Published online Jan 16, 2021. doi: 10.12998/wjcc.v9.i2.308
Peer-review started: July 6, 2020
First decision: September 12, 2020
Revised: September 28, 2020
Accepted: October 20, 2020
Article in press: October 20, 2020
Published online: January 16, 2021
Bile acids (BAs) are classically known to play a vital role in the metabolism of lipids and in absorption. It is now well established that BAs act as signaling molecules, activating different receptors (such as farnesoid X receptor, vitamin D receptor, Takeda G-protein-coupled receptor 5, sphingosine-1-phosphate, muscarinic receptors, and big potassium channels) and participating in the regulation of energy homeostasis and lipid and glucose metabolism. In addition, increased BAs can impair cardiovascular function in liver cirrhosis. Approximately 50% of patients with cirrhosis develop cirrhotic cardiomyopathy. Exposure to high concentrations of hydrophobic BAs has been shown to be related to adverse effects with respect to vascular tension, endothelial function, arrhythmias, coronary atherosclerotic heart disease, and heart failure. The BAs in the serum BA pool have relevant through their hydrophobicity, and the lipophilic BAs are more harmful to the heart. Interestingly, ursodeoxycholic acid is a hydrophilic BA, and it is used as a therapeutic drug to reverse and protect the harmful cardiac effects caused by hydrophobic elevated BAs. In order to elucidate the mechanism of BAs and cardiovascular function, abundant experiments have been conducted in vitro and in vivo. The aim of this review was to explore the mechanism of BAs in the cardiovascular system.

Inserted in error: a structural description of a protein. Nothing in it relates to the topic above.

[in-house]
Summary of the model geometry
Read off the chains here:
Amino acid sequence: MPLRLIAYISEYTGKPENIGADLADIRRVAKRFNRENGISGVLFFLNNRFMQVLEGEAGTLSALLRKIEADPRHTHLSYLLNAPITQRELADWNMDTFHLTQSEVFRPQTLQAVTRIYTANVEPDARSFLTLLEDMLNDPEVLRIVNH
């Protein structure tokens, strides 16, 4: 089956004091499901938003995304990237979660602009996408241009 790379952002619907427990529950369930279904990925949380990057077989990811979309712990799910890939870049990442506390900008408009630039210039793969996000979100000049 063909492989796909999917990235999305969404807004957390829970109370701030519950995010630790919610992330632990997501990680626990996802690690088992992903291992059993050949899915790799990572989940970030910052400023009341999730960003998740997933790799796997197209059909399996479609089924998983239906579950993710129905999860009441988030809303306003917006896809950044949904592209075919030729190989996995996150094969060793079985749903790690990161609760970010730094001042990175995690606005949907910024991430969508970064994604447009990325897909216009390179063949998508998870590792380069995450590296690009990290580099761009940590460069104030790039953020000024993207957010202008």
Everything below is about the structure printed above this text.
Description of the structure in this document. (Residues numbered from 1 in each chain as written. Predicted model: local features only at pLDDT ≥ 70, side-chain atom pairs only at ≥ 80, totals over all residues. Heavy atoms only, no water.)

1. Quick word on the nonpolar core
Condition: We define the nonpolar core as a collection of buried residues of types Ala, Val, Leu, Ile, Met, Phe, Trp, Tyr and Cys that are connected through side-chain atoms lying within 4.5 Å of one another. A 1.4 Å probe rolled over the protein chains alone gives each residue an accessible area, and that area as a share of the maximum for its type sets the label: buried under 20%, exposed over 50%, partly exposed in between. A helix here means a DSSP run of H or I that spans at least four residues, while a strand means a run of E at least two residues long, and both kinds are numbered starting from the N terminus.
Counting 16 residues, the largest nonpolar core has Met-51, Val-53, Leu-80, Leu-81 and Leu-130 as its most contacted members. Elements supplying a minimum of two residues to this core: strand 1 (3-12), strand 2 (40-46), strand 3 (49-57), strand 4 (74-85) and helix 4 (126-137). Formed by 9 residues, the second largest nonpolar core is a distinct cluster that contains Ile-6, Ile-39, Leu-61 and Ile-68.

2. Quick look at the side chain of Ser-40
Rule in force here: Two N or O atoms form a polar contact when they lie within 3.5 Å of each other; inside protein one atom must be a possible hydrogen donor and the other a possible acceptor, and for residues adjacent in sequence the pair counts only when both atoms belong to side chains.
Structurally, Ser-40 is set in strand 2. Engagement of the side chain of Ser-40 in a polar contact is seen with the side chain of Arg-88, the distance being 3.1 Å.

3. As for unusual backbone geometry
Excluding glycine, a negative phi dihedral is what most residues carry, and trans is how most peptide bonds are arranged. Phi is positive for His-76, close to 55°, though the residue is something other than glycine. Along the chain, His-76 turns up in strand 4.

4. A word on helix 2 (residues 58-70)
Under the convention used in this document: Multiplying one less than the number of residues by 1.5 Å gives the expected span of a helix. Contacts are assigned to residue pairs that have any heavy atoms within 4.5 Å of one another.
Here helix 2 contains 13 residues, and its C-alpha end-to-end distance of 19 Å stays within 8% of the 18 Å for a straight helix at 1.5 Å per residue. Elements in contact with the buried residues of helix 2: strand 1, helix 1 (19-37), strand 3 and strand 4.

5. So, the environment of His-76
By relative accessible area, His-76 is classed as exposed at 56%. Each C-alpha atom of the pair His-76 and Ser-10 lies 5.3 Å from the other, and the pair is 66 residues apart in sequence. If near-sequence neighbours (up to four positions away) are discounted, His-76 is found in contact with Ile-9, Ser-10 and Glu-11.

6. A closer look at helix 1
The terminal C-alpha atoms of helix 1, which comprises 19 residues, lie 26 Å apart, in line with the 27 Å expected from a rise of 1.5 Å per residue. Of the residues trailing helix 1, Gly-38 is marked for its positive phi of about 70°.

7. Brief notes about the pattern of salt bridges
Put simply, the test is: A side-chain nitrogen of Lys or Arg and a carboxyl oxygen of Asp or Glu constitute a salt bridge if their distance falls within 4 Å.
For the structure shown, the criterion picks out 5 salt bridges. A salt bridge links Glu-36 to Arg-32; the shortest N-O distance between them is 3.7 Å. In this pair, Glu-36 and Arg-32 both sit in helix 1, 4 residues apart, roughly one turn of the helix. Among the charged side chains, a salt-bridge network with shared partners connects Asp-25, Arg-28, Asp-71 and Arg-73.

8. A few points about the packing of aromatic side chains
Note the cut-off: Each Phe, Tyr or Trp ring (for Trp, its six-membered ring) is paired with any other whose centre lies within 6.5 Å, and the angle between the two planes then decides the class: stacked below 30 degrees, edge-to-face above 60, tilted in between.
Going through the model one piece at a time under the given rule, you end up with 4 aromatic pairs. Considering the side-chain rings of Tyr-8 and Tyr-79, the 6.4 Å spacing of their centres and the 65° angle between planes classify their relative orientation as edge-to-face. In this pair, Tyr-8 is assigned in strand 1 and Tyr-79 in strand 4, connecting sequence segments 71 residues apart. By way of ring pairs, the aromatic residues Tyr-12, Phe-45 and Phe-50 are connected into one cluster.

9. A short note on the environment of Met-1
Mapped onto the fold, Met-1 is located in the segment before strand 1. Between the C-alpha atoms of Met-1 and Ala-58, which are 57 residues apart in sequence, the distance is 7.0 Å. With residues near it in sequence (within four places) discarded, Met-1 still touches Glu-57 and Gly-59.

Core Tip: In the literature, there are some reviews on the relationship between bile acids (BAs) and the cardiovascular system. However, this is the first review to use molecular and cellular mechanisms of related pathways to explore the possible mechanism of BAs in the pathogenesis of cardiovascular disease and to classify the role of BAs in heart and other organs using a tabular form. The goal was to provide readers a more comprehensive, deeper, and clearer understanding of the function of BAs.